In my last blog post, I linked to President Obama’s proclamation announcing the start of National Cybersecurity Awareness Month. This week, I would like to discuss in more detail the cyber threats that we are facing as a Nation and as individuals. A key theme for this month is that cybersecurity is "our shared responsibility." Each one of us must take the time to increase our awareness of the cyber risks that are present every time we turn on our computers.
Just the other day, the media was breaking a story about the latest generation of malicious software designed to steal money from bank accounts. This "bank Trojan," called URLzone provides a sophisticated interface for managing theft from numerous accounts and deceives the account owner with false statements.
For years, research institutions have noted a steady increase in number of malicious programs that are being used to exploit the vulnerabilities of our computers. A vast percentage of all e-mail is spam, which tries to lure us into downloading software, visiting an infected website or social networking account, or even making a phone call in order to get us to reveal information useful for identity theft or to steal money. Many of these malicious actors are now sending out fake emails from the Internal Revenue Service.
Sophisticated cyber criminals are bypassing individual computer users and are attacking financial institutions. To them, the motivation is simple. Why steal one bank account record when you can steal millions? Fortunately, our law enforcement agencies have had some remarkable successes against key groups responsible for cyber attacks. Just last week, nearly 100 people were arrested in the United States and Egypt on charges of computer fraud, conspiracy to commit bank fraud, money laundering, and aggravated identify theft. Last month the U.S. Government convicted the individual responsible for the theft and sale of more than 40 million credit and debit card numbers from numerous U.S. retailers with losses of more than $21 billion. You can learn more about federal law enforcement efforts in combating cyber crime here, here.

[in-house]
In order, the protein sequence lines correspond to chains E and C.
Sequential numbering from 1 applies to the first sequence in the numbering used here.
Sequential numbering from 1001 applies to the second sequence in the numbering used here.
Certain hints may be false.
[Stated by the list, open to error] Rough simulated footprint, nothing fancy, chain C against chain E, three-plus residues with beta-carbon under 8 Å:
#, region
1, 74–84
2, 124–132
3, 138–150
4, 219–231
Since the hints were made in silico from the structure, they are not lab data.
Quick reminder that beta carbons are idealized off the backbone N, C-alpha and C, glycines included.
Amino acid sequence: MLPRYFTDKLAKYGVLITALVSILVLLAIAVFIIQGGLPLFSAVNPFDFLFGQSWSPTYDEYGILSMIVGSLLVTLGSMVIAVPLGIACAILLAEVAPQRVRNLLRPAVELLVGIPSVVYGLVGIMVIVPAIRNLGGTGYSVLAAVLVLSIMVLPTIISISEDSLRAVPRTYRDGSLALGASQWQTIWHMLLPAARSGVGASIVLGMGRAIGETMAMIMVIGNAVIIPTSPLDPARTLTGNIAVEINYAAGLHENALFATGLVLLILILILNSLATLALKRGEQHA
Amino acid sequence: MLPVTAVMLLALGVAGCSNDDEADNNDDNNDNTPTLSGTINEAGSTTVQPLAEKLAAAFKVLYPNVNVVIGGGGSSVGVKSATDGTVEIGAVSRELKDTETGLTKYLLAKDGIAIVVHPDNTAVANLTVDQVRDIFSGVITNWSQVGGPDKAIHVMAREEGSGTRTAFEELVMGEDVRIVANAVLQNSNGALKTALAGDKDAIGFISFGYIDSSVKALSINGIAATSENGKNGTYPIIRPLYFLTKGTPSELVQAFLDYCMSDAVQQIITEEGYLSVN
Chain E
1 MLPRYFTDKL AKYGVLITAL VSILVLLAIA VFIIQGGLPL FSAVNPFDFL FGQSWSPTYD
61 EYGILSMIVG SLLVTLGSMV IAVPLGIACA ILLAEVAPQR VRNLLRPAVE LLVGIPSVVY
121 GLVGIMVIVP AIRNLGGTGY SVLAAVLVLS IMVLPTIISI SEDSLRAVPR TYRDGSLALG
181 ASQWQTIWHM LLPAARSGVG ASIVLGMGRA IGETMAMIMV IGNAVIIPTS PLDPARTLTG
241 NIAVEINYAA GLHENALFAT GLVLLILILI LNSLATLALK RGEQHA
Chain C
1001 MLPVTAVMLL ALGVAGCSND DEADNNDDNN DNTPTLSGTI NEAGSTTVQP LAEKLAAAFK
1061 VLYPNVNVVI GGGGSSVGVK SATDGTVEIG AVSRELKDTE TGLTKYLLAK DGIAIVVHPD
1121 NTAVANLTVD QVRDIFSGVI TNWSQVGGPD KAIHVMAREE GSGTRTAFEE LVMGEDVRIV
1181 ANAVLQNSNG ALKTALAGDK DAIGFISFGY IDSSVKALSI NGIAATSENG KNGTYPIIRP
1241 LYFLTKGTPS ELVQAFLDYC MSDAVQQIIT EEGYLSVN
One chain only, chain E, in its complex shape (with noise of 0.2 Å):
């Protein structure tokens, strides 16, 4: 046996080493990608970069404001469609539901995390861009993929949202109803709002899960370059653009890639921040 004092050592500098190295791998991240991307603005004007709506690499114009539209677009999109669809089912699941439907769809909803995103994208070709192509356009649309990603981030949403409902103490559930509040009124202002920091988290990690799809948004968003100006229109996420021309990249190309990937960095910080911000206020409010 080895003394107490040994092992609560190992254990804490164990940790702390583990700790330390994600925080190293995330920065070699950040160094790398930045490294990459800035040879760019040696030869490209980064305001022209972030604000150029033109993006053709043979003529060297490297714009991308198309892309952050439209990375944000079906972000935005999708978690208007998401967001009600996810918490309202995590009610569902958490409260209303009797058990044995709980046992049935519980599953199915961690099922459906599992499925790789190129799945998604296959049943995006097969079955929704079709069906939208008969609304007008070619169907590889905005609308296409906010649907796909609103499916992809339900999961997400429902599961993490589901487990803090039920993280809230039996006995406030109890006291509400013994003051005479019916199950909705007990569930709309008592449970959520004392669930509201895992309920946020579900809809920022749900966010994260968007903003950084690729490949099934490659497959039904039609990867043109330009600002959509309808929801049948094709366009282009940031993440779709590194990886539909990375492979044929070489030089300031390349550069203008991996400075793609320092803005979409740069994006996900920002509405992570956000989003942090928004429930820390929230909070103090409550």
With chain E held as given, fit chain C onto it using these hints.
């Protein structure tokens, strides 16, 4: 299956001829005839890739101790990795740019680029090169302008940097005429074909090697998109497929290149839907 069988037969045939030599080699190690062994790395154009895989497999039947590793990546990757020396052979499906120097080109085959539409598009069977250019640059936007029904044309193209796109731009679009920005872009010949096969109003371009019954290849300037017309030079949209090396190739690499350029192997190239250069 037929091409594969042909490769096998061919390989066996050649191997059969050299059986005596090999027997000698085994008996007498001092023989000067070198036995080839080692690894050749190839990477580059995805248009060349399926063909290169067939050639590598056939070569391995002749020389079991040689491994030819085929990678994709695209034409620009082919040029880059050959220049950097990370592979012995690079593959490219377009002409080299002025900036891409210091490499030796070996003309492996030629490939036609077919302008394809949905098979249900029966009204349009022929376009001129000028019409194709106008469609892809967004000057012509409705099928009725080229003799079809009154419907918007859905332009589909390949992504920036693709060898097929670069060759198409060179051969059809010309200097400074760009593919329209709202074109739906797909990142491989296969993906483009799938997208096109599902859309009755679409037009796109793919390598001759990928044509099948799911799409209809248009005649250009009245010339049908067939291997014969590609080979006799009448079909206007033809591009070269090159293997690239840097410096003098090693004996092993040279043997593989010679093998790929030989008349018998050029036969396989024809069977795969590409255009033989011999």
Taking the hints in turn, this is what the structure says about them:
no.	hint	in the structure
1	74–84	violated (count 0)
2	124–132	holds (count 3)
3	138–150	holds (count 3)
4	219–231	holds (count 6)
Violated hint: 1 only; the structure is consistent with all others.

And then there are the botnets, which are large numbers of compromised computers that are controlled remotely by criminals or other malicious actors. Some computer experts have estimated that one quarter of all personal computers are part of a botnet. The Conficker worm has been around for about a year and has managed to spread into millions of machines through network connections and portable media such as thumb drives. These botnets appear to be used primarily for supporting criminal activities such as spam, but we worry that such large botnets could be used to launch unprecedented denial-of-service attacks against banking, government, or other important websites.
As you can see, the cyber threat is quite real. Every day dozens of Federal departments and agencies work with their industry partners to help mitigate these threats. And while we have made great strides thwarting the efforts of cyber criminals, more needs to be done. Next week, I will write more about the basic cybersecurity tips that every computer user should know and adopt.
John Brennan is Assistant to the President for Homeland Security and Counterterrorism
Published by the U.S. Department of Homeland Security, Washington, D.C.